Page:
Massachusetts senator and 2020 Democratic hopeful Elizabeth Warren unveiled her plan for universal child care on Tuesday. "I remember how hard it was to find affordable and high-quality child care when I was a working mom with two little ones," she writes in a post on Medium, noting that finding affordable child care has only become harder since then.
Warren's Universal Child Care and Early Learning plan would "guarantee high-quality child care and early education for every child in America from birth to school age," she writes. Under this plan, the federal government would partner with local child care providers to create a range of new options—including local centers, preschools, and in-home care—held to national standards. Access to these options would be free to families earning less than 200 percent of the federal poverty line, with rates capped at 7 percent of a family's income for families making more than that.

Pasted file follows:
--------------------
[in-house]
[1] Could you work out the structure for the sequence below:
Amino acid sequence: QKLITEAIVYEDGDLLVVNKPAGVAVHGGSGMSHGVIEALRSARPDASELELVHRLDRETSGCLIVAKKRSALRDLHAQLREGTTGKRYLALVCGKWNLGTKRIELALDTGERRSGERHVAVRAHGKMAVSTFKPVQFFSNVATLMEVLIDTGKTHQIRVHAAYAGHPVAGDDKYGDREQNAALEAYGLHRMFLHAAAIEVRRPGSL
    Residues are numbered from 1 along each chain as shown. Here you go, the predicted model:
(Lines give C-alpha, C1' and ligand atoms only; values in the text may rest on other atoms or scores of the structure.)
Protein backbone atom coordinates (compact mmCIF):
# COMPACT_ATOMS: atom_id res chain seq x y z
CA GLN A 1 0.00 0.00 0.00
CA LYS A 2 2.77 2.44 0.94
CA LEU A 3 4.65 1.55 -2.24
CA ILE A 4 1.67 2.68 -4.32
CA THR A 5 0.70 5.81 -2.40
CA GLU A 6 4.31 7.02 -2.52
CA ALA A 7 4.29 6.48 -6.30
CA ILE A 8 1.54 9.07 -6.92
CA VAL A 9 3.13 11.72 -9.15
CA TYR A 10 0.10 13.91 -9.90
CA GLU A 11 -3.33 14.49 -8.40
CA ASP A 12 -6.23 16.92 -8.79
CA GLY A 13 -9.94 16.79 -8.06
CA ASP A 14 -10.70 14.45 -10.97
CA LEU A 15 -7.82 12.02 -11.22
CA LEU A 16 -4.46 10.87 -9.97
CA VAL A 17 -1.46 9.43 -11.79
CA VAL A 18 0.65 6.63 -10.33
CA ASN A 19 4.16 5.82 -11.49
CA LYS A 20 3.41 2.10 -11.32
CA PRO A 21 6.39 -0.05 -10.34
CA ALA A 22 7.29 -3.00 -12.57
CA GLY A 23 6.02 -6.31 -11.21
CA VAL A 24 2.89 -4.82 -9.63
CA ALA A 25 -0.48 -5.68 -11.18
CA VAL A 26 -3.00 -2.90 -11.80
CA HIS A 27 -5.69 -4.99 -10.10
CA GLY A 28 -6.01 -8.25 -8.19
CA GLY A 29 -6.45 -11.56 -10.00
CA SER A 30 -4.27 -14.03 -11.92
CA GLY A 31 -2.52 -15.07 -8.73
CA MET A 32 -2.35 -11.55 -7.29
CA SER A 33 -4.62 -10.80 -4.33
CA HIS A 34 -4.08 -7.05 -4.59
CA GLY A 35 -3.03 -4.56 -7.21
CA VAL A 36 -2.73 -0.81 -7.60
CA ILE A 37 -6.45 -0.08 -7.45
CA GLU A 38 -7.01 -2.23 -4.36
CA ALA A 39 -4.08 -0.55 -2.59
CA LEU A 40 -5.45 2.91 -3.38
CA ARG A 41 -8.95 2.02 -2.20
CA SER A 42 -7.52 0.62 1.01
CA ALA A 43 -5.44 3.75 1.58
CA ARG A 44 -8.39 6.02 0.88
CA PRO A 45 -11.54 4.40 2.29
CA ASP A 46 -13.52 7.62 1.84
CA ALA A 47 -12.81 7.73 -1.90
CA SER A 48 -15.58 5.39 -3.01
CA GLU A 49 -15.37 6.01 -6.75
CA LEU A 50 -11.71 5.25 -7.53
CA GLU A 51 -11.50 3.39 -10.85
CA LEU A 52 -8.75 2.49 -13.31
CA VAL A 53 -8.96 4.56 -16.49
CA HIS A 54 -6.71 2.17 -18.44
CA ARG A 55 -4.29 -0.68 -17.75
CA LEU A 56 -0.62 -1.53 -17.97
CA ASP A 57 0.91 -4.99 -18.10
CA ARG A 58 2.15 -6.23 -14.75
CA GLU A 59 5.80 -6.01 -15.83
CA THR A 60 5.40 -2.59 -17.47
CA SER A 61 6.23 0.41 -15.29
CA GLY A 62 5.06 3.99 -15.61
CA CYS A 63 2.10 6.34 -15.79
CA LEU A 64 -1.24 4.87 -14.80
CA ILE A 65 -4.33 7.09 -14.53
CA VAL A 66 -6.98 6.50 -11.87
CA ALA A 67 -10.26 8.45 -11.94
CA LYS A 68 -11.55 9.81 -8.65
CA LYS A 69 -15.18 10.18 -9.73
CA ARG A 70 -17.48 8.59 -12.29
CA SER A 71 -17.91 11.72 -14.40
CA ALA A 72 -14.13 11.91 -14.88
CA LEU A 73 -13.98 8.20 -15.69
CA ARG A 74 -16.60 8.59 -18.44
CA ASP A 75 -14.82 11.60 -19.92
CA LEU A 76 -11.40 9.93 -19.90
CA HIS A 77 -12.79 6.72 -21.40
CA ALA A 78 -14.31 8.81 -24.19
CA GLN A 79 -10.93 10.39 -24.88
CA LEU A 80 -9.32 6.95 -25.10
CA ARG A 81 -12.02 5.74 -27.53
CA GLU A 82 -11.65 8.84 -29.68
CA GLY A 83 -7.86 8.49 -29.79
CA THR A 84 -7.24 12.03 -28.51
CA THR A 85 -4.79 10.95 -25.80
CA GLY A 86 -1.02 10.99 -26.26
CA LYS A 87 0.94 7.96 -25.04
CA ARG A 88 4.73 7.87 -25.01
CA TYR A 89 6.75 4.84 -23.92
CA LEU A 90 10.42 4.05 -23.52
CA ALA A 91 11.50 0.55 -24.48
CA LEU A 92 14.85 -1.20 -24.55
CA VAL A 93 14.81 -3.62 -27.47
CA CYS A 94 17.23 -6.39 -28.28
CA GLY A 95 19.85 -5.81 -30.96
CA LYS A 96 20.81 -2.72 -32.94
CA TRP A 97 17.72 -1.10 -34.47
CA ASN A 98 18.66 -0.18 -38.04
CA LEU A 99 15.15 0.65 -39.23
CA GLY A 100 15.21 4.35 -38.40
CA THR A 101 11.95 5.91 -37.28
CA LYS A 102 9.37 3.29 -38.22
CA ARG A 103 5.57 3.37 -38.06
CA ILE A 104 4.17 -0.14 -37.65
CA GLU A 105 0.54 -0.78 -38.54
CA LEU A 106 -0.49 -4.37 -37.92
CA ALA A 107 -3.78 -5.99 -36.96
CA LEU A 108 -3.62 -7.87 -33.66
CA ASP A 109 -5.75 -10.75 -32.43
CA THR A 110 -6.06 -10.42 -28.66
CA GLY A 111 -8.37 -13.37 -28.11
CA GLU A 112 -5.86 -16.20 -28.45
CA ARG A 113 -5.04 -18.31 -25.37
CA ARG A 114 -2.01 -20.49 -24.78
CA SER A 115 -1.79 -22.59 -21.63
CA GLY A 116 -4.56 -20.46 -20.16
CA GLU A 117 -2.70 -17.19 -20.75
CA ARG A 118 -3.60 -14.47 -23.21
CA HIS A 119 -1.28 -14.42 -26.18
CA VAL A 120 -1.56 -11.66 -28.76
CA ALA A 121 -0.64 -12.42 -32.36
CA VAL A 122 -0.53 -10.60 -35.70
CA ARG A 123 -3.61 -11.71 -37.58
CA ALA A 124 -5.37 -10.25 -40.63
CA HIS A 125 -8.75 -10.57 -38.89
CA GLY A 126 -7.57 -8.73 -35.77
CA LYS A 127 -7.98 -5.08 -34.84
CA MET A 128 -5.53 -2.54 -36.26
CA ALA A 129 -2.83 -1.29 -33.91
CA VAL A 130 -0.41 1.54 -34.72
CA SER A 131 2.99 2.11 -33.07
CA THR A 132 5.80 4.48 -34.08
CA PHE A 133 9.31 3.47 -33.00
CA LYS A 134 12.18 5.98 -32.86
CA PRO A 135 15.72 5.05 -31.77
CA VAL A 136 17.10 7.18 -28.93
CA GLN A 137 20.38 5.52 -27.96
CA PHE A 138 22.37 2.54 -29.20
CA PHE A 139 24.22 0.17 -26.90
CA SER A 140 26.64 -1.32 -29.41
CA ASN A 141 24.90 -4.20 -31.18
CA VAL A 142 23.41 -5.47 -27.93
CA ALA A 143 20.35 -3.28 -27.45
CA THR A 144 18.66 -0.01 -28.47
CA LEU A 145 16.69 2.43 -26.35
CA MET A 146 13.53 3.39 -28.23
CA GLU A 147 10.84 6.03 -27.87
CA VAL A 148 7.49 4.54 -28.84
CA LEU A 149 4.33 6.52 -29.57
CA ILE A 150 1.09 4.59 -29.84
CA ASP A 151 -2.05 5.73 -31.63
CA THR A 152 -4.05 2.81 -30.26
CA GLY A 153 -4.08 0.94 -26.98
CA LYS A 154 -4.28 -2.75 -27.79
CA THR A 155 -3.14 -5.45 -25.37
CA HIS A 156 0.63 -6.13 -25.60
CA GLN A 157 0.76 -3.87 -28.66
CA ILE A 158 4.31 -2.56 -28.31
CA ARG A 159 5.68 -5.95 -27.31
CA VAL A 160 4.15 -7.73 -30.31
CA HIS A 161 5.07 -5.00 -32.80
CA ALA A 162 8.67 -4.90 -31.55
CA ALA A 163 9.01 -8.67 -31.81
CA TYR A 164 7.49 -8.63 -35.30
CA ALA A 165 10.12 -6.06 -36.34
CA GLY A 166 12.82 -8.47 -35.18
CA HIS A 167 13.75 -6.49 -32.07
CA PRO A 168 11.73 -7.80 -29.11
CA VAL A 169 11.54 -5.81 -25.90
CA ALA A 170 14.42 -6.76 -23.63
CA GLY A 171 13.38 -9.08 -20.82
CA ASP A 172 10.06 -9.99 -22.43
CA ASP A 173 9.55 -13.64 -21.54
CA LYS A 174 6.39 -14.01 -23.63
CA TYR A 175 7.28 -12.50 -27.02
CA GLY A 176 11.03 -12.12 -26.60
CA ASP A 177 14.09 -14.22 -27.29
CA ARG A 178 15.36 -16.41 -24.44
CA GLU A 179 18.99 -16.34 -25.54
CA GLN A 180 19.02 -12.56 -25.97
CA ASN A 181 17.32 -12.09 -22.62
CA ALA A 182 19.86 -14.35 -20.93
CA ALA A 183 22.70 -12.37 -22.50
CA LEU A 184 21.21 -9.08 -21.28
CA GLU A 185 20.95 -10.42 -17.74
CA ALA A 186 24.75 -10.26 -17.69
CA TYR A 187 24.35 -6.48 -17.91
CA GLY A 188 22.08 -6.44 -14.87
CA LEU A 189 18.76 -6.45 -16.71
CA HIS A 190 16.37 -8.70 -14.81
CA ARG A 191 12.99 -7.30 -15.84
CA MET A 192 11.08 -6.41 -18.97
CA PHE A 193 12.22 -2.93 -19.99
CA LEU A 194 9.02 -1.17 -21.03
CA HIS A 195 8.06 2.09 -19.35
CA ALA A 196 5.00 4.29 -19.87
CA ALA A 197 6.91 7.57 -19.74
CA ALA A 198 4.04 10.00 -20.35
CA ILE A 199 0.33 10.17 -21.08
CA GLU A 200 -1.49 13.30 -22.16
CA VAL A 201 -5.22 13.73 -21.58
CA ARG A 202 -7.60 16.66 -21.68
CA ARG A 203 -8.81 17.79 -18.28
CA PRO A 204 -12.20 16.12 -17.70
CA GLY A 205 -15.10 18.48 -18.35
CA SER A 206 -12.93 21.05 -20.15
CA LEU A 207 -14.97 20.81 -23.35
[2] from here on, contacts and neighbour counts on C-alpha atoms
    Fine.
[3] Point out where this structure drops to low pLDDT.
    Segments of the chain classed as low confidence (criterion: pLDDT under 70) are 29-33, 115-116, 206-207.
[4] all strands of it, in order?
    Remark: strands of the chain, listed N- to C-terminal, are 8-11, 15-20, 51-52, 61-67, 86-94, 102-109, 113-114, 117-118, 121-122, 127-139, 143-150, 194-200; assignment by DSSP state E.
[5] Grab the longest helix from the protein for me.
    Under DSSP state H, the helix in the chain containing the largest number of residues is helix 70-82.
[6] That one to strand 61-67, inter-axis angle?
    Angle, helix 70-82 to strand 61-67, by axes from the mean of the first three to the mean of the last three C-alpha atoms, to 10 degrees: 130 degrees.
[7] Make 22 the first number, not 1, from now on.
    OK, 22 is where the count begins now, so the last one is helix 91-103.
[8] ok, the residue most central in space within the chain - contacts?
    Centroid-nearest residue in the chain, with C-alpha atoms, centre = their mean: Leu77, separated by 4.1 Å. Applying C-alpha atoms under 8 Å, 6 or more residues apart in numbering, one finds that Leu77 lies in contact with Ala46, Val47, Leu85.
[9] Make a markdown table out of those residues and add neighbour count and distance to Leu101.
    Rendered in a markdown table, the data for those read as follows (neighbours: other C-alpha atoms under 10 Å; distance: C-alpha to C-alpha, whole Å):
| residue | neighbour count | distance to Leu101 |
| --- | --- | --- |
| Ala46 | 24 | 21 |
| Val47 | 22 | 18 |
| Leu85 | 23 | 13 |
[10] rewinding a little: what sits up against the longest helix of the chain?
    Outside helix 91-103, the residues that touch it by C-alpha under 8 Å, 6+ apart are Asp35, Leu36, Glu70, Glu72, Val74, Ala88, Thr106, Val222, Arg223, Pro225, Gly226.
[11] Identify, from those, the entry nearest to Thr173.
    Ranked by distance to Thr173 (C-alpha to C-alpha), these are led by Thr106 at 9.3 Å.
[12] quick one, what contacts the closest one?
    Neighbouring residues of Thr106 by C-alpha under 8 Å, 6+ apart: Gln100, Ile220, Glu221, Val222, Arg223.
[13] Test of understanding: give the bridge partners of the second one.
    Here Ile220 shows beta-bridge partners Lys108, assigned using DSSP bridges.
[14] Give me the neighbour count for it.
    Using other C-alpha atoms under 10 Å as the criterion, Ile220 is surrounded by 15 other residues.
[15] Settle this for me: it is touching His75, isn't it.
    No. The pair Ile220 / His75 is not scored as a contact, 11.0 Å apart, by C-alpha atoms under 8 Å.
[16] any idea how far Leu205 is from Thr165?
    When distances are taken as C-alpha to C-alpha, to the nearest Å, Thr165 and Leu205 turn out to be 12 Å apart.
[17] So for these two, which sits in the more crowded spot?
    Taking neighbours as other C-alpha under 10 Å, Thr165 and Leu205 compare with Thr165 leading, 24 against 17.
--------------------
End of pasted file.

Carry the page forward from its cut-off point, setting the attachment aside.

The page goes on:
"That's a heck of a lot less than what most families are paying for high-quality child care now," Warren writes.
So what are most families paying now? The most recent government data comes from the United States Department of Agriculture's Center for Nutrition Policy and Promotion: The Expenditures on Children by Families 2015 report, which was released in 2017, found that child care expenses vary considerably depending on household income level.
The plan would be paid for with revenue from the "wealth tax" plan Warren released last month: a 2 percent tax on those with assets over $50 million, and 3 percent on those with over $1 billion.